A government agency has reportedly fired an employee for the audacious act of innovation. The agency, known for its long-standing commitment to bureaucracy and inefficiency, has sent a clear message to its workforce: progress is not welcome here.
The now-former employee, John Innovatorson, had the temerity to suggest a more efficient way of processing paperwork. According to inside sources, he proposed a revolutionary idea called "digitalization" - a concept that involves using computers to streamline tasks and reduce the need for mountains of paperwork. Shockingly, this notion was met with disdain by his superiors.
In a press release that read like something out of a dystopian novel, the agency declared, "We have a proud tradition of doing things the way they've always been done, and we will not tolerate any attempts to make our processes more efficient or user-friendly. Our motto has always been 'If it ain't broke, don't fix it.' And by 'broke,' we mean barely functional and in need of a complete overhaul."
It appears that John Innovatorson's innovative spirit was simply too much for the agency to handle. His proposal to digitize records and implement online forms was met with responses like, "But how will we create more jobs if we make things easier for ourselves?" and "We can't have people thinking we actually know what we're doing."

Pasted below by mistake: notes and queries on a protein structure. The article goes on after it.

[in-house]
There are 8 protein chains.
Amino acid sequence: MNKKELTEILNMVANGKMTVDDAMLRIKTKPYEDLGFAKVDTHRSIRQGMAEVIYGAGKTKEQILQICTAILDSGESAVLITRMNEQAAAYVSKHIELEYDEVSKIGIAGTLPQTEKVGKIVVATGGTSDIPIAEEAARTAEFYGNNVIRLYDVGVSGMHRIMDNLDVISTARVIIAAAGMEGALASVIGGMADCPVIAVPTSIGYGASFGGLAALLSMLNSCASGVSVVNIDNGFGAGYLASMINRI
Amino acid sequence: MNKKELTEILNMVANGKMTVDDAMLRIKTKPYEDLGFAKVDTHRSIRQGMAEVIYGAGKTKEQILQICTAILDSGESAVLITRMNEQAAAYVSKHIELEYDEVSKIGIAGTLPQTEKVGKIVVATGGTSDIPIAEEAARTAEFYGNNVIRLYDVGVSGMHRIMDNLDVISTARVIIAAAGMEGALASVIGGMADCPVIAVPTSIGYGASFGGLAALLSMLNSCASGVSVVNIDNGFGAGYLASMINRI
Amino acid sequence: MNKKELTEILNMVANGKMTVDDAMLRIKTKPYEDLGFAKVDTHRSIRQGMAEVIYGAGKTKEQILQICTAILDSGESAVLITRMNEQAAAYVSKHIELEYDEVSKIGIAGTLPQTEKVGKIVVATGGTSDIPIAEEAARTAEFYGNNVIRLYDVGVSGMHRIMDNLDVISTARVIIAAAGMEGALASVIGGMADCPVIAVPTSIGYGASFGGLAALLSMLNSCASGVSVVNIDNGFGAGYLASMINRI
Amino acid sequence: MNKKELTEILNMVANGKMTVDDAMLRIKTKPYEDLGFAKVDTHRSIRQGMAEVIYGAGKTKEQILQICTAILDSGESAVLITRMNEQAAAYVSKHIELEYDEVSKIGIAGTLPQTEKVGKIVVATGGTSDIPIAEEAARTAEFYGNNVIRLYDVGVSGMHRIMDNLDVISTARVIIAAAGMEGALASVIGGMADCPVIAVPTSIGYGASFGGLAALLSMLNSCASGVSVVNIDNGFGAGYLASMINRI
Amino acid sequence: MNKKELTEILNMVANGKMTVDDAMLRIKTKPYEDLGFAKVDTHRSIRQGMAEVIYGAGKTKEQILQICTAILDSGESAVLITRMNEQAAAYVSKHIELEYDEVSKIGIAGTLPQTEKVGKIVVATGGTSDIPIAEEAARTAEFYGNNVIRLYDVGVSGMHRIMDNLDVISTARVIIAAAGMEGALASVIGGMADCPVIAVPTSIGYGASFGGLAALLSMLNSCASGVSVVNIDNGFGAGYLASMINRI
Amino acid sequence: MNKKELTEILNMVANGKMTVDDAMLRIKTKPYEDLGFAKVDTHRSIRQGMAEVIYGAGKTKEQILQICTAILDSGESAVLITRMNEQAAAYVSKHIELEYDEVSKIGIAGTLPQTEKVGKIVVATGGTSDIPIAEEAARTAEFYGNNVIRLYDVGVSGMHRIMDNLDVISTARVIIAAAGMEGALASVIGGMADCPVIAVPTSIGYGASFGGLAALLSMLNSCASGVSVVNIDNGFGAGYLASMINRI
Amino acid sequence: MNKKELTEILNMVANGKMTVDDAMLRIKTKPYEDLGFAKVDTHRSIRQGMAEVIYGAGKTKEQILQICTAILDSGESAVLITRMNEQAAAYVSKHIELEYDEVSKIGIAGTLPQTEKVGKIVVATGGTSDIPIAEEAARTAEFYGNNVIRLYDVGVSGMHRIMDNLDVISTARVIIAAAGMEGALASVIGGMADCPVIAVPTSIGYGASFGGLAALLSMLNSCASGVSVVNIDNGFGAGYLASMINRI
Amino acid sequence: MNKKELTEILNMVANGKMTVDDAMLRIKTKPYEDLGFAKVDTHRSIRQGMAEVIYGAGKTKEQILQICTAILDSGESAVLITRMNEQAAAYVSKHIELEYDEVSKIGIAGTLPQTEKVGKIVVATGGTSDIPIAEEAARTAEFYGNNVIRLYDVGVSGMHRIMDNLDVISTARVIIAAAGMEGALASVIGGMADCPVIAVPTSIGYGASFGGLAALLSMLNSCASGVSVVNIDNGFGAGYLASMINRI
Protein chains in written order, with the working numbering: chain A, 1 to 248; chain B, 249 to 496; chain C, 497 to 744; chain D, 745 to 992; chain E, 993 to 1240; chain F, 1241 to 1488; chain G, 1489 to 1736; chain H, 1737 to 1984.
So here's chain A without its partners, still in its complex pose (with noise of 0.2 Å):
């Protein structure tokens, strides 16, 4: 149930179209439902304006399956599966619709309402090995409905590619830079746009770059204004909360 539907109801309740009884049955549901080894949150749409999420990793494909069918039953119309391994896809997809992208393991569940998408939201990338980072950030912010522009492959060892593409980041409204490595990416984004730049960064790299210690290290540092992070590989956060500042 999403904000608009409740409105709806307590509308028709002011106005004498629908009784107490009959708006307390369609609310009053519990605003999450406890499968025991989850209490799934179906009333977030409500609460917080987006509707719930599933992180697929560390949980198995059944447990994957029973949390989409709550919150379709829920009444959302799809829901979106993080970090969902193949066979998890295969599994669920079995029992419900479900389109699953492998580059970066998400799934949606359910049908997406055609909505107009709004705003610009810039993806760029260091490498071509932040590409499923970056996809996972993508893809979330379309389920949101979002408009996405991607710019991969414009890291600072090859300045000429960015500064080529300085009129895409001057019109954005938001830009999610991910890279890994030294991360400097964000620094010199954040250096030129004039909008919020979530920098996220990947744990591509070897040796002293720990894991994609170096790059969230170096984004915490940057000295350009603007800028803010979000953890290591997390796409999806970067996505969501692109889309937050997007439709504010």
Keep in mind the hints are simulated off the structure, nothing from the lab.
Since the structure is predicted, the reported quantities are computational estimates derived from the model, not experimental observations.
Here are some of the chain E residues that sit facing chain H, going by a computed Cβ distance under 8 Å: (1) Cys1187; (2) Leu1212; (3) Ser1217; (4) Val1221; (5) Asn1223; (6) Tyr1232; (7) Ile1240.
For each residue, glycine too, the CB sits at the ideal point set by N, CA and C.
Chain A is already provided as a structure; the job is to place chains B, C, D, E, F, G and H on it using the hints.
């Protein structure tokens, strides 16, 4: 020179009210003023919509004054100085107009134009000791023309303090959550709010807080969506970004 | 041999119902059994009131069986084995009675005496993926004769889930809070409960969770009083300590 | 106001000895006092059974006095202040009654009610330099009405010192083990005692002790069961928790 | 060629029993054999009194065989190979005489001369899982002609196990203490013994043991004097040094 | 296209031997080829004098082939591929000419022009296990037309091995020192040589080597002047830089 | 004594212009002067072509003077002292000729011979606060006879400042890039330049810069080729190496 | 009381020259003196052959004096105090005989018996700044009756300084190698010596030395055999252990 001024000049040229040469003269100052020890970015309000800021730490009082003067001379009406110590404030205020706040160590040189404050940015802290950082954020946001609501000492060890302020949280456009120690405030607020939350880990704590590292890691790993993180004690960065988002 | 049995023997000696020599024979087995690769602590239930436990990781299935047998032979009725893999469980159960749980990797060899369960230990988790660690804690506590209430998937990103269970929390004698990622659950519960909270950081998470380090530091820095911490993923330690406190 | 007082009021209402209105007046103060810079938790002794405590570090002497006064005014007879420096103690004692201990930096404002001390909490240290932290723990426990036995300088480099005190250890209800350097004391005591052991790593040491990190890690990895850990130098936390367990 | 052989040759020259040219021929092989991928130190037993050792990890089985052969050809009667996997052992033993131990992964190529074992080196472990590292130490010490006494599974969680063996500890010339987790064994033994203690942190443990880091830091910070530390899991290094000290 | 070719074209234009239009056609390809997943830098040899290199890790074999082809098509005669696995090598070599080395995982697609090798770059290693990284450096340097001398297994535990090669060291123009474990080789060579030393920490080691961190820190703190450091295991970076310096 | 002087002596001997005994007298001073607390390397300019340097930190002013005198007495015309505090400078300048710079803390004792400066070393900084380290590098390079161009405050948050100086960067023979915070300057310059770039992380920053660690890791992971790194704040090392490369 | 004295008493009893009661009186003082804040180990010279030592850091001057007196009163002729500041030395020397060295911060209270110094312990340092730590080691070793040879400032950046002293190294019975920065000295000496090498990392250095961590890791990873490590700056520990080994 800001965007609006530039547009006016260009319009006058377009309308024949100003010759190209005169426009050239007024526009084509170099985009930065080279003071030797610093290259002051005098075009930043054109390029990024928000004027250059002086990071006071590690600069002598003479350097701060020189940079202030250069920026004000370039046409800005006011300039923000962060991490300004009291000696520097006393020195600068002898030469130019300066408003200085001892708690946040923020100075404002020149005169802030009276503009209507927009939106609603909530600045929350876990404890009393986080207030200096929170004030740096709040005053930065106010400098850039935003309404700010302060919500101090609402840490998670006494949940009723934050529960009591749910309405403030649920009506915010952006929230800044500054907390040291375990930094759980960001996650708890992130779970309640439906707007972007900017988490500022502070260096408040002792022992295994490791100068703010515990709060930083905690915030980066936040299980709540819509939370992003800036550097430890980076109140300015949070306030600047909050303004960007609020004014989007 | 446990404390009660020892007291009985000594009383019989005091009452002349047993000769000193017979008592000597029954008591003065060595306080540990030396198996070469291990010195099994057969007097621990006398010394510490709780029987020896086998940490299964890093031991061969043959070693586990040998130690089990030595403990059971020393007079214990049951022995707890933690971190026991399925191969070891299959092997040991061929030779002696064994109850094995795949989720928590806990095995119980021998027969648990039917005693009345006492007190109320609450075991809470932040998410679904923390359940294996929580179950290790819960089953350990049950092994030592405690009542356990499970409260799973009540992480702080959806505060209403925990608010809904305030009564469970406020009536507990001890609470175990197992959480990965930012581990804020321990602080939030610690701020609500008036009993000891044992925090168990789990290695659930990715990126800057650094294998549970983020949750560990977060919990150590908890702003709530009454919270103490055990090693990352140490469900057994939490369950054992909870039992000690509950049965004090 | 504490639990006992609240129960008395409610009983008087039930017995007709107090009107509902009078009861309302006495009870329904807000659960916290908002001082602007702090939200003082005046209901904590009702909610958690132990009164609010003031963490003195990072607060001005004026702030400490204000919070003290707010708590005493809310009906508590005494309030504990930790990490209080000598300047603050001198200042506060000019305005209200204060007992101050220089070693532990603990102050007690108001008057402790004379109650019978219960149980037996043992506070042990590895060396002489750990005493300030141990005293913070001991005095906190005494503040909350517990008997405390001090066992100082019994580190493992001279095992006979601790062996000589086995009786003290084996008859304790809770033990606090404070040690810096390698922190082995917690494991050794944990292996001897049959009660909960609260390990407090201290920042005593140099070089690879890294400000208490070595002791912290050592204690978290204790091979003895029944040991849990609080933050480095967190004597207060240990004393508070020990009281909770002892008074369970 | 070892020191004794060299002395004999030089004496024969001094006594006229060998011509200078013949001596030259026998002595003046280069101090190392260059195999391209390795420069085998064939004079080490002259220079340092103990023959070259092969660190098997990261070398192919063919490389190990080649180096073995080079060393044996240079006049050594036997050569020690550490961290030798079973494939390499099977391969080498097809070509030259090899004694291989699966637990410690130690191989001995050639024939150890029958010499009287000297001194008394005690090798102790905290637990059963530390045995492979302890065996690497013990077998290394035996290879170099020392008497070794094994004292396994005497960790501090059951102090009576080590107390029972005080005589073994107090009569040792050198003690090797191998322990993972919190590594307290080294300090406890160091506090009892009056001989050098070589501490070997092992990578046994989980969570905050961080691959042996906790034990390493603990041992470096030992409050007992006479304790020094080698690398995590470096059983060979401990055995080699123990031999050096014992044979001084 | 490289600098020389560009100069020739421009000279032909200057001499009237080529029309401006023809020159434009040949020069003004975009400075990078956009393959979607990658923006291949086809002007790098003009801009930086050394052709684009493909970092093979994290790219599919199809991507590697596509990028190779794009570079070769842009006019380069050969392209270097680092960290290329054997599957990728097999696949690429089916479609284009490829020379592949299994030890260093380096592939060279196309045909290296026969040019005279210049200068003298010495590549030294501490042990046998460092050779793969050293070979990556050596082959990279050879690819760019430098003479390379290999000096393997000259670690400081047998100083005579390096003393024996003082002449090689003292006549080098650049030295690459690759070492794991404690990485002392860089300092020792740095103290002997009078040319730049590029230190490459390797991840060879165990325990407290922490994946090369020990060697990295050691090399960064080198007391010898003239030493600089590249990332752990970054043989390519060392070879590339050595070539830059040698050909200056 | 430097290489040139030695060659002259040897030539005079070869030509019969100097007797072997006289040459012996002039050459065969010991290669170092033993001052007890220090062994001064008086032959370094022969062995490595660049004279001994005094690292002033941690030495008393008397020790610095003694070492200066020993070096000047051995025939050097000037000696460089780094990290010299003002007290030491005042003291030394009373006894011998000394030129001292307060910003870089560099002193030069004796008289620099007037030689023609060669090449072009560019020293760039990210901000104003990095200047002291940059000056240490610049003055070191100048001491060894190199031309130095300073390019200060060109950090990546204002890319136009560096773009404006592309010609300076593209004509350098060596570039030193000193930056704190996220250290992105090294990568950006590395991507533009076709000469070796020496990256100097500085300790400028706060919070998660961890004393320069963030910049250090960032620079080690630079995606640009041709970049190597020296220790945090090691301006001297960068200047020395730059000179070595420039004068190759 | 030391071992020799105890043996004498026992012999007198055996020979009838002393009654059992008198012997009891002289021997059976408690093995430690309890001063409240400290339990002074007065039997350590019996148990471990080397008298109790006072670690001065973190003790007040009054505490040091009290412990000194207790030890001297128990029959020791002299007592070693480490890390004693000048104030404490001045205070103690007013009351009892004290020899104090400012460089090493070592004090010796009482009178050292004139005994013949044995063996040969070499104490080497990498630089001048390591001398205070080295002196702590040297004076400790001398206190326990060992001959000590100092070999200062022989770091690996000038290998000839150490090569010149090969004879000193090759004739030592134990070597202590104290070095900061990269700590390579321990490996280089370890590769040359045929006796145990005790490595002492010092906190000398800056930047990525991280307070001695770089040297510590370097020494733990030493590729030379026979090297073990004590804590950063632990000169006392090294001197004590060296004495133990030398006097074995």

In an exclusive interview with Mr. Innovatorson, he expressed his frustration, saying, "I thought I was doing the right thing by trying to improve efficiency and save taxpayer dollars. Little did I know that I was actually threatening the very fabric of this agency's dysfunction. I guess progress isn't a word they like to hear around here."
The firing of John Innovatorson has sent shockwaves through the agency's workforce, with many employees now afraid to even suggest minor changes, such as using a stapler that doesn't jam every other page. Morale is reportedly at an all-time low, as employees fear that any attempt to innovate will result in their own termination.
In the midst of this controversy, one thing is clear: this government agency is committed to maintaining its status as a bastion of inefficiency and bureaucracy. While the rest of the world moves forward, embracing technological advancements and streamlining processes, this agency proudly proclaims, "No progress allowed."
As the nation watches in disbelief, one can only hope that this agency's backward policies will eventually be replaced with a more forward-thinking approach. Until then, it seems that innovation and progress will remain dirty words within its hallowed halls.